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Paramore Is a Group—For Better or Worse

The band's Xcel show was often terrific, but Hayley Williams sometimes seems like a star trapped in a constellation.

Zachary Gray

Paramore is a band, and last night at the Xcel Energy Center, Hayley Williams would not let us forget it. “I get to sing for a band called Paramore” is how the frontwoman pointedly and gratefully expressed her role after singing the jubilantly depressive “Hard Times.” Later, when introducing the band members, Williams emphasized how she, guitarist Taylor York, and drummer Zac Farro had first met when they were but mere Tennessee tweens. Farro later got up from his kit to take the mic on a truly OK song by his other band, HalfNoise—and if letting the drummer sing one isn’t rock egalitarianism I don’t know what is. Williams even dedicated the first song of the night’s encore, “Still Into You,” to the band that she’d (sort of) been in for nearly two decades.

“Sort of” because Williams has been the only consistent member of Paramore over the years, the helmswoman of her own Ship of Theseus. York joined a few years after the band’s formation; Farro left in 2011 with his brother, founding guitarist Josh, and returned in 2015. But Williams has been committed to the idea of Paramore from the start. At 14 she was so determined to belong to a group (or maybe just not to become Avril 2.0) that she insisted on working with a band even after Atlantic signed her as a solo act. York has consistently co-written with Williams since joining the band, and every song on their latest album, the pandemically anxious This Is Why, is credited to all three band members, and its postpunk agitation sounds like the work of a collaborative unit.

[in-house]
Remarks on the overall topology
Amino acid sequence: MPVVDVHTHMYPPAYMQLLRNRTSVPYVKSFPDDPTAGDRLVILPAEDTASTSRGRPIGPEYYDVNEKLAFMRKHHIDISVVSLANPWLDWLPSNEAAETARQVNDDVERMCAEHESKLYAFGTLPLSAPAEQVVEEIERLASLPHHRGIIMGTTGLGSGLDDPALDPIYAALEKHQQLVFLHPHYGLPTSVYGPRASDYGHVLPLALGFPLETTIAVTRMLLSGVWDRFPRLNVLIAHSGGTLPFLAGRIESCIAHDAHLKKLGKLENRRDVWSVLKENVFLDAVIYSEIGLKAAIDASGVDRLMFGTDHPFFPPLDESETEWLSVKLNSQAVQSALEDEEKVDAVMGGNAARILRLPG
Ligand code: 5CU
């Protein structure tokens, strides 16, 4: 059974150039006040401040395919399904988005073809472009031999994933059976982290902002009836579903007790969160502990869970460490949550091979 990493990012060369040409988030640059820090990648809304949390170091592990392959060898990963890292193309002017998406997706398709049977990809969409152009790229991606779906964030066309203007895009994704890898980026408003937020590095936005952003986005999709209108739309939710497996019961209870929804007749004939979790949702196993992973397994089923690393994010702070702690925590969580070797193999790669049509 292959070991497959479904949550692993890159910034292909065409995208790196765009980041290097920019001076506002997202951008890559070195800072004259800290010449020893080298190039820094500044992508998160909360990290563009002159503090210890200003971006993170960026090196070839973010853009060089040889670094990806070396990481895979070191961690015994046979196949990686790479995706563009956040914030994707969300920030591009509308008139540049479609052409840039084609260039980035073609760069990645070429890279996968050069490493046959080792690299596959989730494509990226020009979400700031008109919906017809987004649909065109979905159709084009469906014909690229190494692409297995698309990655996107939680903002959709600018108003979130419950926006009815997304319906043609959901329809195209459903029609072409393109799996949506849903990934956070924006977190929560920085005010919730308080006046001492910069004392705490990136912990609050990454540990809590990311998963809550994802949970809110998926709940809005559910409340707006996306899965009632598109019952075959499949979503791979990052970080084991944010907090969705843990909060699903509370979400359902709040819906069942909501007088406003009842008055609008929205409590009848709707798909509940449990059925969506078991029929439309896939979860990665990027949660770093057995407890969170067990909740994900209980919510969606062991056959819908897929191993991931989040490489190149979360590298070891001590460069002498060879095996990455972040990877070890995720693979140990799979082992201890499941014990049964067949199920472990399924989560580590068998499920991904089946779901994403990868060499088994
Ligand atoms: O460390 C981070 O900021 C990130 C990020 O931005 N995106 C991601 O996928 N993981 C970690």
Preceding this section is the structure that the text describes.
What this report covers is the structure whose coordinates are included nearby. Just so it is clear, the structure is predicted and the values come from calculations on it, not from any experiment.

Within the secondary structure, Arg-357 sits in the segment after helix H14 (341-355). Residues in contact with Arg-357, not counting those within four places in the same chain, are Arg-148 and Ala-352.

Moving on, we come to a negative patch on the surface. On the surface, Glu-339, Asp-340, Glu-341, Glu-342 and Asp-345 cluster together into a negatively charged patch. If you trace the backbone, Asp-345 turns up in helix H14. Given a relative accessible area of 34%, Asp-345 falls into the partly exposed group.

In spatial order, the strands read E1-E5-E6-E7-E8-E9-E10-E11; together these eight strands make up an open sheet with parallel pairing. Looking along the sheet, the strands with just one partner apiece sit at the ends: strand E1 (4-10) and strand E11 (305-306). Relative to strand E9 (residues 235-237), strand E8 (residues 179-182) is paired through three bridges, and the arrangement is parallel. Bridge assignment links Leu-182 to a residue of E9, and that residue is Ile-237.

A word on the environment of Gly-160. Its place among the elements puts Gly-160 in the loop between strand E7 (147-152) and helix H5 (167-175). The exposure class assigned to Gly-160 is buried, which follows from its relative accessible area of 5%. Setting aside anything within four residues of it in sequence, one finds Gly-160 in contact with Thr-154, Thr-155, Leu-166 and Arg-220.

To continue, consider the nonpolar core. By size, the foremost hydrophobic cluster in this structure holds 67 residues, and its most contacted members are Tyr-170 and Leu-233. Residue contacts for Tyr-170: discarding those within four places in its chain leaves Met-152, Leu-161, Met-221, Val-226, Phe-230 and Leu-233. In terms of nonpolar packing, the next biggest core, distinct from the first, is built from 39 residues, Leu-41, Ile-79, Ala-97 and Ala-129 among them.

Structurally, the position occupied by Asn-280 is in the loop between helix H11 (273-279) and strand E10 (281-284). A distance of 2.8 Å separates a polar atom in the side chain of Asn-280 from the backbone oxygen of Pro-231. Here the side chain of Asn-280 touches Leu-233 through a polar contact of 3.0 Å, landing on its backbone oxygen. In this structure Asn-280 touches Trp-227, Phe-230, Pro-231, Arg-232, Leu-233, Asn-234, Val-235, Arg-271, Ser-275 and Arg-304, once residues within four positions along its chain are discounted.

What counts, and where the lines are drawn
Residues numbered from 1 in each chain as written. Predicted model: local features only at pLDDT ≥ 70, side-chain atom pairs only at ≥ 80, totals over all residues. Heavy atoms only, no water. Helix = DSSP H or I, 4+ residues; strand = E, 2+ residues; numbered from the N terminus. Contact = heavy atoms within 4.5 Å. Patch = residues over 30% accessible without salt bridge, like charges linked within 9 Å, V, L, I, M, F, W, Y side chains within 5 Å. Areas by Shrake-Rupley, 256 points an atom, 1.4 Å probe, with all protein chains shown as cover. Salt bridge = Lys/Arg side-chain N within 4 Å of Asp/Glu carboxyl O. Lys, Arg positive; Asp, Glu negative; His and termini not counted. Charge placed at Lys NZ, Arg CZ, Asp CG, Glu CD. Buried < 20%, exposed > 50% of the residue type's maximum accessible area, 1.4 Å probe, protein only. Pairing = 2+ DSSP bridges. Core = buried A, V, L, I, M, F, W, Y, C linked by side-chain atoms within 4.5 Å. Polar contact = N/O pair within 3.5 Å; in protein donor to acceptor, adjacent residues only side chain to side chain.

Still, York has a recessive stage presence, and Farro is, well, a drummer. On tour, four additional musicians join them, and the gaggle of boys gathered behind Williams only adds to the two male Paramore members’ anonymity. (There were three guitarists on stage last night, which is certainly excessive unless you plan to encore with “Freebird.”) Williams, though, has all the charisma and energy that her mates lack—early in the night, she took what appeared to be a white towel from a generous fan midsong and adopted it as a shawl with a show-woman’s innate spontaneity. And she can wail like a bat out of hell or coo like a bird on a wire. So live, Paramore is purely The Hayley Show. 

To an extent that’s how it should be. At 34, Williams remains a gleefully hyperactive stage presence, moving like someone possessed by that demon in the Buffy musical episode who made people dance till they burst into flames. Her hair is blonde these days, the flaming orange that was her youthful trademark long since bleached away. (Free samples from her Good Dye Young hair care line were available both inside and outside the arena.) She was decked out in a smart in red-and-black checked jacket with sizable white buttons and matching short-shorts, like a being Alice might have encountered if there were ska fans on the other side of the looking glass.